Tom Kacich: Williamson focusing on voters, not Dem primary race

Tom Kacich: Williamson focusing on voters, not Dem primary race

Kristin Williamson, who has no opposition for the Republican nomination in the 103rd House District that includes virtually all of Champaign-Urbana, ought to be enjoying the two-way Democratic primary race between Carol Ammons and Sam Rosenberg.

Not only are the two Democrats dividing party loyalists, burning up campaign contributions and exhausting themselves, but they're forcing each other farther left than they'd go if they were unopposed.

Primary questions? Ask Tom here

With the primary you get things like Rosenberg's statement last Friday night that, "Not only am I in favor of a progressive income tax, but I'm also in favor of making the temporary income tax hike that has stabilized the state's deficit at about $8 billion to $9 billion a year permanent."

That's fine for the Democratic electorate in this public employee-centric town, but it might be too much for Republicans and independents who are continually told how heavy Illinois' tax burden is. If Rosenberg wins the primary, that statement is bound to appear on a mail piece or a television commercial next fall. Cue announcer with deep, macabre voice: "One tax increase isn't enough for Sam Rosenberg."

Williamson, who appeared Tuesday on WILL's "Focus" talk show, insisted she's not paying a lot of attention to the Democratic race.

"My focus is completely on our outreach efforts to voters," she said. "I'm certainly paying attention. I'm following their issues and their positions and what their plans and focus is going to be in the fall."

But she declined to say that she's taking any joy in watching the Democratic feud.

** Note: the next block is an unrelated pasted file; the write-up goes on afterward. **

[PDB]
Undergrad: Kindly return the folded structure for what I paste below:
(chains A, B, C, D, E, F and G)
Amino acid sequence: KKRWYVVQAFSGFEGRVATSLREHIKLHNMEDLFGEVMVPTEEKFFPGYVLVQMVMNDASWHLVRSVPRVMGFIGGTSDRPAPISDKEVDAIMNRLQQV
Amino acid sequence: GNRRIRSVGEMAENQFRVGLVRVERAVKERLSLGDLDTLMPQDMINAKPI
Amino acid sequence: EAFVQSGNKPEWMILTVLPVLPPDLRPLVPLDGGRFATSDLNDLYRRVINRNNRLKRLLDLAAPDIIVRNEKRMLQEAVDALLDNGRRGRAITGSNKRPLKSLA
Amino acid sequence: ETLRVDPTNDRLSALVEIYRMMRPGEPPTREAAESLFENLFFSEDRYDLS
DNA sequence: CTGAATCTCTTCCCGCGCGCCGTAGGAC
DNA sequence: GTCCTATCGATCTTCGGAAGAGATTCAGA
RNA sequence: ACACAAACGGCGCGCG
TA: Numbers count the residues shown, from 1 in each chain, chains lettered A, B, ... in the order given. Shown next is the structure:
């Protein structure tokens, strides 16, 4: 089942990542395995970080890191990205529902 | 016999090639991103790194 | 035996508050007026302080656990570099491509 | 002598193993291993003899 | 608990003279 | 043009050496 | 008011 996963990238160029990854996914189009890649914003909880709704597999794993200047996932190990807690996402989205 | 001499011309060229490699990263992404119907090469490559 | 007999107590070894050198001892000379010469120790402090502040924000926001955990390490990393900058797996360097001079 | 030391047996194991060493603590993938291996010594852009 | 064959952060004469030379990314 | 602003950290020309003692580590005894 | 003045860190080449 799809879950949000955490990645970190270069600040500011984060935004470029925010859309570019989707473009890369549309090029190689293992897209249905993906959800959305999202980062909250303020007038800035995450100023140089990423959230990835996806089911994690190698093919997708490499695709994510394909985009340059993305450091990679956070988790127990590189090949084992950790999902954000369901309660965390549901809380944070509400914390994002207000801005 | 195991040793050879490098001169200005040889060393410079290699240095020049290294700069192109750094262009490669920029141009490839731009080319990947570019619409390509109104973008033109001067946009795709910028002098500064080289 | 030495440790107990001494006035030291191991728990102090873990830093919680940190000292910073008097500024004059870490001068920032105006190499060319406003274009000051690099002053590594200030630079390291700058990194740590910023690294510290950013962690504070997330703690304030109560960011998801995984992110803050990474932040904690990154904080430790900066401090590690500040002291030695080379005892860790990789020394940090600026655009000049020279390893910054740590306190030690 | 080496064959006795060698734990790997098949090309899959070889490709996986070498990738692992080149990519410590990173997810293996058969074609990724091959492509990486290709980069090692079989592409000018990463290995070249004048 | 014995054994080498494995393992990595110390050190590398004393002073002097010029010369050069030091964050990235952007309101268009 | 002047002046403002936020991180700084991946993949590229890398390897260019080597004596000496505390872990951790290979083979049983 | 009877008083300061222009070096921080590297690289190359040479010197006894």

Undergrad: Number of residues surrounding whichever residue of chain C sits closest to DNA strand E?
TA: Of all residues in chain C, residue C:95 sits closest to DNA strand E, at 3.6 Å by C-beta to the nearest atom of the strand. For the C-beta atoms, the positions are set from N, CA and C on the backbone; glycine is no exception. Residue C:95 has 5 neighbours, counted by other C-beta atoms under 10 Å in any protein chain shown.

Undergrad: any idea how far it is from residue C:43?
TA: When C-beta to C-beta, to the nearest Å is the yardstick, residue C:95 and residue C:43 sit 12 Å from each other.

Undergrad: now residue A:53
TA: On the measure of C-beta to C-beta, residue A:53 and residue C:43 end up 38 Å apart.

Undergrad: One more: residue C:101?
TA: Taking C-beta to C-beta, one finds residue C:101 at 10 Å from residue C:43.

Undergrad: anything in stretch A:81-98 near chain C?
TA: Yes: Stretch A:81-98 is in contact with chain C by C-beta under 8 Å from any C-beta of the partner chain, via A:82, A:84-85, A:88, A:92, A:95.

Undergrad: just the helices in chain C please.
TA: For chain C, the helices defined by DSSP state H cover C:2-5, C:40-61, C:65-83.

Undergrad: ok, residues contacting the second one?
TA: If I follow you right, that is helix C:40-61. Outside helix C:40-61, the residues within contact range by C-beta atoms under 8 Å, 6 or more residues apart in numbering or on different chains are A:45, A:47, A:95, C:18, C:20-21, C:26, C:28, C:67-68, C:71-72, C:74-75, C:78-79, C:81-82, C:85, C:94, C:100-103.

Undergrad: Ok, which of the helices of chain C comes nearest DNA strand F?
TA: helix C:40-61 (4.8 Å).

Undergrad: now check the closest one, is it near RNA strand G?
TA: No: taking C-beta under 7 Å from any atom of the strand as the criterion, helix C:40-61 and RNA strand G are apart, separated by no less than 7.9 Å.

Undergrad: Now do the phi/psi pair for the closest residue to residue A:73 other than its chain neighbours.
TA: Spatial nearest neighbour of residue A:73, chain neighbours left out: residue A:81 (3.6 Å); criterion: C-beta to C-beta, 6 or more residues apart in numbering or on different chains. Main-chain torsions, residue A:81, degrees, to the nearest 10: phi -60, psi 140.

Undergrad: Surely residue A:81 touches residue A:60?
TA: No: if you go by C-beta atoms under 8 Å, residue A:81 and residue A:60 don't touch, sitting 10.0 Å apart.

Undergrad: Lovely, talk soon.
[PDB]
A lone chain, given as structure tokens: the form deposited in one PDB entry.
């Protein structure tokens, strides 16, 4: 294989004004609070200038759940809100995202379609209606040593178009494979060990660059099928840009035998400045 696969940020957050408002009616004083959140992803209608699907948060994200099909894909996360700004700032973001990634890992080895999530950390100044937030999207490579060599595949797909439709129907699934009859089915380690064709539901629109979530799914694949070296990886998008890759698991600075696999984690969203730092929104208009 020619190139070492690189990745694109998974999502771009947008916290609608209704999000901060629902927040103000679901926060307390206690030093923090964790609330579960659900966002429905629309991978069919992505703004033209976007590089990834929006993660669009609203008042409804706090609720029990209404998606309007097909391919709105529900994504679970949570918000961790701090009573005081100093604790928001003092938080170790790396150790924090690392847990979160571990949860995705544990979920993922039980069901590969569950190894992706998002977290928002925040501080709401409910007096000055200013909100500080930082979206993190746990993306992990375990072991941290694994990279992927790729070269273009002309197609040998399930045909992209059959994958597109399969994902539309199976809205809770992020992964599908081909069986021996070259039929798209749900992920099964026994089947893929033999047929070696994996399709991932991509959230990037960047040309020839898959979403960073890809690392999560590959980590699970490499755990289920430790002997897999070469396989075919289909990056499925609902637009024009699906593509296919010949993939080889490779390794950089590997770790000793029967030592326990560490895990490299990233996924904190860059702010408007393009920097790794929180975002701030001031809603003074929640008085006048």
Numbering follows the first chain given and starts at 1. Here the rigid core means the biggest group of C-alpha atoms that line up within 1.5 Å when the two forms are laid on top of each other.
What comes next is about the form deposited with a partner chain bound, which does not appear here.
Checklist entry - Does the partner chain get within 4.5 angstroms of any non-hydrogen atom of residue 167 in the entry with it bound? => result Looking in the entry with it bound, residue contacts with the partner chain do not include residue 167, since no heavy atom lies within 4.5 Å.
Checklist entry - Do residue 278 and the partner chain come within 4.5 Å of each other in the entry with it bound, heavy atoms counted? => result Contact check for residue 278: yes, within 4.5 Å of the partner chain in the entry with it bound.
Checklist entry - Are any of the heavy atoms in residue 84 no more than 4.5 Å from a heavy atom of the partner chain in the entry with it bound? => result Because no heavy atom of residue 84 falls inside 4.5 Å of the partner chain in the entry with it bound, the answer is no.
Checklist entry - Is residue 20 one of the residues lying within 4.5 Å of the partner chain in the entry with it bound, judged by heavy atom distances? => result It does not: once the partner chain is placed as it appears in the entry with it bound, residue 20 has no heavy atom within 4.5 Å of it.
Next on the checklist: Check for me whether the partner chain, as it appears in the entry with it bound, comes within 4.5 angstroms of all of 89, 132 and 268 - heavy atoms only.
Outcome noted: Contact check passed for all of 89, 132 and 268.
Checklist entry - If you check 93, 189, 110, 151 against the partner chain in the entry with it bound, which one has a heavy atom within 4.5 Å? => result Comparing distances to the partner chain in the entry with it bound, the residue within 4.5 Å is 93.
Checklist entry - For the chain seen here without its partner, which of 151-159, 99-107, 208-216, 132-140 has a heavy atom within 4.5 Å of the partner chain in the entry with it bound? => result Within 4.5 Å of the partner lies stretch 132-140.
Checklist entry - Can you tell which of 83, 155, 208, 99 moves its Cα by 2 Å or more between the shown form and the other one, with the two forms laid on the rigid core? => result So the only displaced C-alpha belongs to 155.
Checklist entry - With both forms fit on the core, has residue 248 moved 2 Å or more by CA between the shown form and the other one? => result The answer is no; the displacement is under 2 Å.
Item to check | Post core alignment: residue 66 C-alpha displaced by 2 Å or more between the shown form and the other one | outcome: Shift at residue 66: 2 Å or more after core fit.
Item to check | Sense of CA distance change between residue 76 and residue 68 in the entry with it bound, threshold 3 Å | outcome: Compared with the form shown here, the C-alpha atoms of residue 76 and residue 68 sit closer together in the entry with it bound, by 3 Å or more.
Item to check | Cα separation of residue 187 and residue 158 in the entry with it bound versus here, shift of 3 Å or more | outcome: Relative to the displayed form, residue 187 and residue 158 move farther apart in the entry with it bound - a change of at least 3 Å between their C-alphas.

On "Focus," Williamson said she opposes an increase in Illinois' minimum wage ("I couldn't vote for a measure that would take that many jobs away from people"), opposes the progressive income tax ("The progressive tax is always kind of sold as we're going to tax the rich guy on the hill, but the reality is there's not enough of those people to make up the difference, so what happens is that we have to start raising the scale on lower-income earners"), and said the state budget could be balanced by putting "more people into the workforce," and "measuring the efficiency and effectiveness" of state programs.

Ammons and Rosenberg will be on "Focus" at 10 a.m. next Tuesday, March 4.

Davis not so far right?

The conservative Club for Growth apparently wouldn't categorize U.S. Rep. Rodney Davis, R-Taylorville, as a tea party Republican.

That's the criticism sometimes lobbed at the freshman Republican whose 13th Congressional District includes Champaign-Urbana.

But Club for Growth, in its 2013 congressional scorecard released Monday, said Davis tied for No. 210 among 234 House Republicans for votes on "pro-growth policies."

While four House Republicans had perfect 100 percent scores from the Club for Growth, Davis got a 48 percent score. He was tied with Rep. Aaron Schock, R-Peoria, among all House Republicans. They had the lowest scores among the six House Republicans from Illinois.